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Hong Kong court denies bail to tycoon activist Jimmy Lai

February 9, 2021

A court has denied bail to pro-democracy newspaper publisher Jimmy Lai. Judges sided with prosecutors in the first test of legislation aimed at crushing dissent.

Jimmy Lai walks out from Hong Kong Court of Final Appeal after attending court hearing on re-assessment of Lai's bail term
Jimmy Lai walked free from court at an earlier reassessment hearing, but was rearrestedImage: Liau Chung-ren/ZUMAPRESS/picture alliance

Hong Kong's top court on Tuesday denied bail to Beijing critic Jimmy Lai — the most high-profile person charged under a new national security law.

The landmark case dramatically underlines changes the legislation has made to the common law traditions of semi-autonomous Hong Kong.

Lai has been in custody since December 3 last year, except for a period of about a week when he was granted bail. He was brought back into custody on December 31 after a hearing that followed an appeal from the Hong Kong government.

The return to custody was related to part of the security law stating that courts can only bail individuals if sure they will not "continue to commit acts endangering national security."

The Court of Final Appeal (CFA) judges on Tuesday said the lower court that bailed Lai had applied an "erroneous line of reasoning."

A small number of pro-China protesters outside the court shouted "Jail Jimmy Lai for life ... safeguard Hong Kong's peace" through a megaphone.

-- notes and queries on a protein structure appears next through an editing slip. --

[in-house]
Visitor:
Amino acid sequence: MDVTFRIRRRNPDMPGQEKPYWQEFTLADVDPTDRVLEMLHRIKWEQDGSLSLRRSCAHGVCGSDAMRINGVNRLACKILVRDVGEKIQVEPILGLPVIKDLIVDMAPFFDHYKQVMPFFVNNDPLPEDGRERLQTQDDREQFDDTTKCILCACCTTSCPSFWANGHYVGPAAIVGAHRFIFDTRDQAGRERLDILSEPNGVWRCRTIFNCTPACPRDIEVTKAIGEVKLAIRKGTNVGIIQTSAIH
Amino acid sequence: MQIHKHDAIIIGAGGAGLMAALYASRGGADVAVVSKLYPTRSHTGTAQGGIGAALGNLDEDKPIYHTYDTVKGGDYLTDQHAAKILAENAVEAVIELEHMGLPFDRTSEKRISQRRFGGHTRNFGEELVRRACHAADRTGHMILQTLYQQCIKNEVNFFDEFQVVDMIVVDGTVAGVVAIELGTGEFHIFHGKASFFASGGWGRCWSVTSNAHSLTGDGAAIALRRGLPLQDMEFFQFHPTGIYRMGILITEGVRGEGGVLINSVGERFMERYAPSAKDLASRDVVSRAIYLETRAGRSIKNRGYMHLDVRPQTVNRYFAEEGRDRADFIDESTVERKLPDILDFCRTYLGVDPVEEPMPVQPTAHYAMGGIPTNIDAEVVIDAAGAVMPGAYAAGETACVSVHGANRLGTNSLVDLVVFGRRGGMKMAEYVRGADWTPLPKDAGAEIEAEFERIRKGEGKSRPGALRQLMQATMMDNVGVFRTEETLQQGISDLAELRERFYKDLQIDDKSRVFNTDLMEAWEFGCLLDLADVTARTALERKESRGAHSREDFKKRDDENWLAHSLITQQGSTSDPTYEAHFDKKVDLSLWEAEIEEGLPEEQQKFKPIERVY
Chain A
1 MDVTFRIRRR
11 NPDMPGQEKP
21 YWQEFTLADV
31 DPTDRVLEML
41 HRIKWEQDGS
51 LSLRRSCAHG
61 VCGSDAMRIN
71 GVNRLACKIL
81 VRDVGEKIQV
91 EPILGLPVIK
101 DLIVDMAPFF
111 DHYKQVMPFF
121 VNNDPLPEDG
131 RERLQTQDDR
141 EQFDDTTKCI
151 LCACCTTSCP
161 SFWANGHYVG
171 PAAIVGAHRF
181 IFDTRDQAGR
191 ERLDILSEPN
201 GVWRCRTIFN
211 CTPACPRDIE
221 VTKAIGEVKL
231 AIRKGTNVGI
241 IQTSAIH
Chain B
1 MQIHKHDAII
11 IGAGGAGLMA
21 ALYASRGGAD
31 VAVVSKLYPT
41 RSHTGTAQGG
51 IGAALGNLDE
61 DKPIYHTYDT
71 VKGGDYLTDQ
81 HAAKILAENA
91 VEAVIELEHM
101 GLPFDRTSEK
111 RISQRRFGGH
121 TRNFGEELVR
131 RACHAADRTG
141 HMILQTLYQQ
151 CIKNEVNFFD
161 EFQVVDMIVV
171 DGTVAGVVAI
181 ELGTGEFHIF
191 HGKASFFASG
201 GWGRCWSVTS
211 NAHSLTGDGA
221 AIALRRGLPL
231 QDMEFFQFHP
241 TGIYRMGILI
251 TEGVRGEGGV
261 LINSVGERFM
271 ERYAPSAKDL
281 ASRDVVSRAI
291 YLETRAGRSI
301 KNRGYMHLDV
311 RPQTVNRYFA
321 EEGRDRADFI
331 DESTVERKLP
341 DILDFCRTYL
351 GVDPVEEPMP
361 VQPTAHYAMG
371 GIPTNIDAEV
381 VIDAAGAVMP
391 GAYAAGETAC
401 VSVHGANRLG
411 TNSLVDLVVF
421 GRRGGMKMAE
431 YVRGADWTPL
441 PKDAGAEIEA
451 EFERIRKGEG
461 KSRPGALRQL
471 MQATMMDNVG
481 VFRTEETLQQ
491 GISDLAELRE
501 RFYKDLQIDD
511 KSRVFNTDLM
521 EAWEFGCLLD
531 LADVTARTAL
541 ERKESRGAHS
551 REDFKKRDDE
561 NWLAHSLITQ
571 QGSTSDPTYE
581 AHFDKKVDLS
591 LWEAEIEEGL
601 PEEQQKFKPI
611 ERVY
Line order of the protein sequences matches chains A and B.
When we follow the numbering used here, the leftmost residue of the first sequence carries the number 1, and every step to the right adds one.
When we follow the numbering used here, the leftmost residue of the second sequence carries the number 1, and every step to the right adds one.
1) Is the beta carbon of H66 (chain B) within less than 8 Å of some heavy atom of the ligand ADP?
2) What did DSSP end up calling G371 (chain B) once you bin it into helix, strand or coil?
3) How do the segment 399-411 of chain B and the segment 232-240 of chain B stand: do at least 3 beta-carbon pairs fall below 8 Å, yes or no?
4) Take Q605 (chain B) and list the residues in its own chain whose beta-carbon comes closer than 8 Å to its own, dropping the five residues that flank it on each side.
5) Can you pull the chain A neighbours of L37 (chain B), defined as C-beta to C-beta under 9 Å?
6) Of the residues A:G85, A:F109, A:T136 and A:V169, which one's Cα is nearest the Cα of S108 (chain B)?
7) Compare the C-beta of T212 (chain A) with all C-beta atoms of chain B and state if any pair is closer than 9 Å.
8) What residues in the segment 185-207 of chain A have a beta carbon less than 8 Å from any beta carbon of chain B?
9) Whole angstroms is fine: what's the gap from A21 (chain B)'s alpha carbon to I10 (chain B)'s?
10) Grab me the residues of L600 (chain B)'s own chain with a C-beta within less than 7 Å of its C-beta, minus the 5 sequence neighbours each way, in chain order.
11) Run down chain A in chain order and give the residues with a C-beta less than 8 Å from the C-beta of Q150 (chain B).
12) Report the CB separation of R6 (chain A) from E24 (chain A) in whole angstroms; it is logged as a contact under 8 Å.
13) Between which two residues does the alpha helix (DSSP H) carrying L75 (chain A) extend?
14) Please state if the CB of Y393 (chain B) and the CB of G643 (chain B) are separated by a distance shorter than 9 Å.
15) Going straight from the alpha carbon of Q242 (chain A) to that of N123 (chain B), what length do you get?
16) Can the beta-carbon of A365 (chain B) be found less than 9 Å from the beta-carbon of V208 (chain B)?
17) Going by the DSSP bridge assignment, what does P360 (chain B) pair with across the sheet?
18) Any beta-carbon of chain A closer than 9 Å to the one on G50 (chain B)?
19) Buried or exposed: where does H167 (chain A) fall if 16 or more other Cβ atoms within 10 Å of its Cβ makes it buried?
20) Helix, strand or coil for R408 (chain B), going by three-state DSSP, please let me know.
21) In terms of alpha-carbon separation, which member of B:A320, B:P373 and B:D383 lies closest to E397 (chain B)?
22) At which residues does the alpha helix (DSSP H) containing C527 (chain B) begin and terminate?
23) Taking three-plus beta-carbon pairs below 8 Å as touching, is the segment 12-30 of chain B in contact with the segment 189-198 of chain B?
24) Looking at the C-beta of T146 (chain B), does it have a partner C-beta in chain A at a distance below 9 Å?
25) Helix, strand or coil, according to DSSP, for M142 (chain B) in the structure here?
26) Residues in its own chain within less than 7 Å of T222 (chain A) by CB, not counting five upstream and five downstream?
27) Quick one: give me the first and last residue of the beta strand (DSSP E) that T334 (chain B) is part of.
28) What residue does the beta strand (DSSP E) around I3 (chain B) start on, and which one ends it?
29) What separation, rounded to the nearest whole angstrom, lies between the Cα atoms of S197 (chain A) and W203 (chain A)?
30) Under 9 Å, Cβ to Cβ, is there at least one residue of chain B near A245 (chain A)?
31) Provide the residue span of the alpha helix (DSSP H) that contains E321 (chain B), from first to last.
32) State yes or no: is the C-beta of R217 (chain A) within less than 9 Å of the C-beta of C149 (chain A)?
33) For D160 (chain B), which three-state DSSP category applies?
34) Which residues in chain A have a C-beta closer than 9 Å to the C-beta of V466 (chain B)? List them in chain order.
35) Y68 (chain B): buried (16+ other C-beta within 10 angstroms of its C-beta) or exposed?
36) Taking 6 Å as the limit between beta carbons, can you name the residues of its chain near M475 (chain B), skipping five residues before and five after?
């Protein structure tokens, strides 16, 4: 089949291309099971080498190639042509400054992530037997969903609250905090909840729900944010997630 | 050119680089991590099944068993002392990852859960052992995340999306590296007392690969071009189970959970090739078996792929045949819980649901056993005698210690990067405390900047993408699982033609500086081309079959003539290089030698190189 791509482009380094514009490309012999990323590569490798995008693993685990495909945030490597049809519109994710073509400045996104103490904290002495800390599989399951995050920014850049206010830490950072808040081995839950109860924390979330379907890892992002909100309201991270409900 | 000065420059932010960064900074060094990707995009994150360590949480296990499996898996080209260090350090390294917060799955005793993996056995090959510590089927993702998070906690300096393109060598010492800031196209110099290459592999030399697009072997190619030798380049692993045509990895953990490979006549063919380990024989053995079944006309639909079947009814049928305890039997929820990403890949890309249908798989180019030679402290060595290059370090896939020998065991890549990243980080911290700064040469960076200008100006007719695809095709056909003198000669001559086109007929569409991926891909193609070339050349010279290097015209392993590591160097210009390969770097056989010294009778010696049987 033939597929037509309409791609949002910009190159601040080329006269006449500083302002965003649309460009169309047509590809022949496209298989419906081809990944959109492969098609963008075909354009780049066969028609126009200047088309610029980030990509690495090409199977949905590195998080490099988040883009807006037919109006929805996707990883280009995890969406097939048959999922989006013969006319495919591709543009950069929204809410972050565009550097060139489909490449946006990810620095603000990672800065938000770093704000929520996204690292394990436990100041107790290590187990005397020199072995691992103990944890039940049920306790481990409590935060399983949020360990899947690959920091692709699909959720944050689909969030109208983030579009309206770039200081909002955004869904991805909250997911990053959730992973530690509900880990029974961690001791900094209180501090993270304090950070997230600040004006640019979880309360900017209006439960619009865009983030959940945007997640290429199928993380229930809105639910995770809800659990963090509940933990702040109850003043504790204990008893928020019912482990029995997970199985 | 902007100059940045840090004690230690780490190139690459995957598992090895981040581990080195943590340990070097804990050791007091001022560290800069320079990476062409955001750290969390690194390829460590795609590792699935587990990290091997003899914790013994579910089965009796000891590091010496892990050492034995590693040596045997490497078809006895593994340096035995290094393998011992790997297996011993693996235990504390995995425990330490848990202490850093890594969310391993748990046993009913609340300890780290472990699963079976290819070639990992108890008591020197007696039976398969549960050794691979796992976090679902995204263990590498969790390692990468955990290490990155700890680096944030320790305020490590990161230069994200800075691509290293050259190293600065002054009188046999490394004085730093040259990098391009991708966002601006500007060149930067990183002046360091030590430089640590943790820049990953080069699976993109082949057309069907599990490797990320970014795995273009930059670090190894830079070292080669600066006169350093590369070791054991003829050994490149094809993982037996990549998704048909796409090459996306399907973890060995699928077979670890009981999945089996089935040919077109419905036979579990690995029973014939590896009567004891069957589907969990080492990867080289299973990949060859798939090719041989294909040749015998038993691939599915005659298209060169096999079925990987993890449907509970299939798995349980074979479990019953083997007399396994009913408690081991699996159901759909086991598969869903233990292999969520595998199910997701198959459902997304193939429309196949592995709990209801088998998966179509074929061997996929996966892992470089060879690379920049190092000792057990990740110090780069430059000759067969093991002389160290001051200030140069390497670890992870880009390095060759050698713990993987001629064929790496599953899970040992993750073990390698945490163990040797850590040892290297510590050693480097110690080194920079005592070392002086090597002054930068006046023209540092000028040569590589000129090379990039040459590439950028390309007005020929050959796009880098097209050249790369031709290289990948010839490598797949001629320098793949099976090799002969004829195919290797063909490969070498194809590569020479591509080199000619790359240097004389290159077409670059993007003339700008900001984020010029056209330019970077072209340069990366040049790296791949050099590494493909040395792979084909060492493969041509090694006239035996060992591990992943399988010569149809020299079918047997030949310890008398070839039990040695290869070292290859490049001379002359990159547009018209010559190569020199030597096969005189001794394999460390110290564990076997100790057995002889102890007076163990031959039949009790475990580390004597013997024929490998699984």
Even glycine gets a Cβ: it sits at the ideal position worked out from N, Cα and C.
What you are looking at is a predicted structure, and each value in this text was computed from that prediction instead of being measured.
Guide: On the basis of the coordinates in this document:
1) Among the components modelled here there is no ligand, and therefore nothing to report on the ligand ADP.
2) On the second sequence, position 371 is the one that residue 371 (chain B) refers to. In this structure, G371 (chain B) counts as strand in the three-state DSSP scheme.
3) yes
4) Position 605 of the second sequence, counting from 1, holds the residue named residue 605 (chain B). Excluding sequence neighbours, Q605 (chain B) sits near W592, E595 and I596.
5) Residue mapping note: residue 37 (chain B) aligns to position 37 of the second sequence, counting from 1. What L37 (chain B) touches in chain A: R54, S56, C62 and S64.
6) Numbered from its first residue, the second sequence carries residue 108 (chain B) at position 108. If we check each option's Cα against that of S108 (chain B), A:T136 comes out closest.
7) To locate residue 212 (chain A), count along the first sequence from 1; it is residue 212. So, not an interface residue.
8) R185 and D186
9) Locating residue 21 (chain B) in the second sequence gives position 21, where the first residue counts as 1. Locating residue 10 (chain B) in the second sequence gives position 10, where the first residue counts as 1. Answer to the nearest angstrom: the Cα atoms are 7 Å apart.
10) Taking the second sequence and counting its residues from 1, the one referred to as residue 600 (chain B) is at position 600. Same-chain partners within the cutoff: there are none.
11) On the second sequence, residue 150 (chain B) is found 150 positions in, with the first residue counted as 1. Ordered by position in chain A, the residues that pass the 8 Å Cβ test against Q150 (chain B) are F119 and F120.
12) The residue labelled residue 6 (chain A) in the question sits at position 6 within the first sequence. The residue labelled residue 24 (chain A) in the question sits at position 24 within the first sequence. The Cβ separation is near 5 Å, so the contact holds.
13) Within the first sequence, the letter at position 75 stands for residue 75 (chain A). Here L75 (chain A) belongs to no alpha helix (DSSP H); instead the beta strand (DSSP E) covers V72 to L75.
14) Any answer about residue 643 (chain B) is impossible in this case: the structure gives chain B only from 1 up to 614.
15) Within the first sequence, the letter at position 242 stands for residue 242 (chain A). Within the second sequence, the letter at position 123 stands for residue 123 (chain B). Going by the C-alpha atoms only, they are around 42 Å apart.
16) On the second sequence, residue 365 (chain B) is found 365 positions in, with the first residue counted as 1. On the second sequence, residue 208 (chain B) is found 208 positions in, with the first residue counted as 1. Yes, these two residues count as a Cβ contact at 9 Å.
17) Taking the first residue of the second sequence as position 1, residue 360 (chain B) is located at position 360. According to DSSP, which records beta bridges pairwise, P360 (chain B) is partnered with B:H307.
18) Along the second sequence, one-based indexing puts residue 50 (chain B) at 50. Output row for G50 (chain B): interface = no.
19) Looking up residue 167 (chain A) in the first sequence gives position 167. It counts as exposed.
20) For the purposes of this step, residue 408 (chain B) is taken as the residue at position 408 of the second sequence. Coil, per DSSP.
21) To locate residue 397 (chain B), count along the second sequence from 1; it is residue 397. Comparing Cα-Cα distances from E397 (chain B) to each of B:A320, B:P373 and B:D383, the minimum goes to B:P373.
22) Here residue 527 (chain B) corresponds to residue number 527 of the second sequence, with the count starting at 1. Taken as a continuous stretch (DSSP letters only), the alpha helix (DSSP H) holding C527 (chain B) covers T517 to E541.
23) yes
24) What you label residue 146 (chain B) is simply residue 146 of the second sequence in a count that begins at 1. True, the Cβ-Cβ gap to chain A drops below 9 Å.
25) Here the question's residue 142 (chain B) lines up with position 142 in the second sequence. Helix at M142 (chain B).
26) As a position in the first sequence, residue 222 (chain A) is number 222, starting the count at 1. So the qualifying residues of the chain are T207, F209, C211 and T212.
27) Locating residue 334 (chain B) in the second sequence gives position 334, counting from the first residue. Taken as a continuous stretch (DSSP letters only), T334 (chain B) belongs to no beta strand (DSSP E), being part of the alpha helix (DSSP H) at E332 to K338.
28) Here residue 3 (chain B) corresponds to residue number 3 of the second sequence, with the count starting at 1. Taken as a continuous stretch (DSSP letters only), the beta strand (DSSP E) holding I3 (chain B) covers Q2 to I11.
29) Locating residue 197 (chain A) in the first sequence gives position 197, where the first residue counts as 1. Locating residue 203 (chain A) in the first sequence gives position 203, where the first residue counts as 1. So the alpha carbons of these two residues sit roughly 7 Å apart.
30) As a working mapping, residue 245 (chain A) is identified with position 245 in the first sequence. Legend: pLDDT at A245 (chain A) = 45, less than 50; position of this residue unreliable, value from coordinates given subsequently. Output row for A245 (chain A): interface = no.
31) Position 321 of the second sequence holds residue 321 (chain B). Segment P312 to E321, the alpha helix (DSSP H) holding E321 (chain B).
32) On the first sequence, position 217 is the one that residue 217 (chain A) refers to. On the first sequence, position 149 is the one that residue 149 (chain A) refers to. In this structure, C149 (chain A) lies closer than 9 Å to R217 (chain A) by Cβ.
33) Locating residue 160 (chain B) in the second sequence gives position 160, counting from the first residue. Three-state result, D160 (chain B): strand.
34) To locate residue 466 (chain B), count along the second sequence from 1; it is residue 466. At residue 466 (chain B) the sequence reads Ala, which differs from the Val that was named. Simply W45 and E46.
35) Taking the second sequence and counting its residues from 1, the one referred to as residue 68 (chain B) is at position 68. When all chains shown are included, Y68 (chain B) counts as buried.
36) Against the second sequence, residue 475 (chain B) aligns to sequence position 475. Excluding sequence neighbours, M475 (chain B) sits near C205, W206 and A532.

Inside the building, Lai's supporters chanted "Hang in there," and "Add oil," an encouragement that is used frequently in Hong Kong.

First legal test of new security law

Lai was initially arrested in August when some 200 police officers raided the newsroom of his Apple Daily tabloid newspaper.

Prosecutors accuse him of breaching the law over statements he made on July 30 and August 18. They allege that he requested foreign interference in Hong Kong's affairs.

Beijing imposed a sweeping national security law on the former British colony last June, following months of pro-democracy protests.

The legislation punishes anything that China considers subversion, secession, terrorism or collusion with foreign forces with a life prison sentence.

Legal analysts say the Tuesday's case serves as an indication of whether Hong Kong's judiciary could act as any kind of constitutional brake against Beijing's security law.

However, the judiciary can only interpret the territory's laws, which are usually passed by a semi-elected legislature.

rc/rs (AFP, Reuters, AP)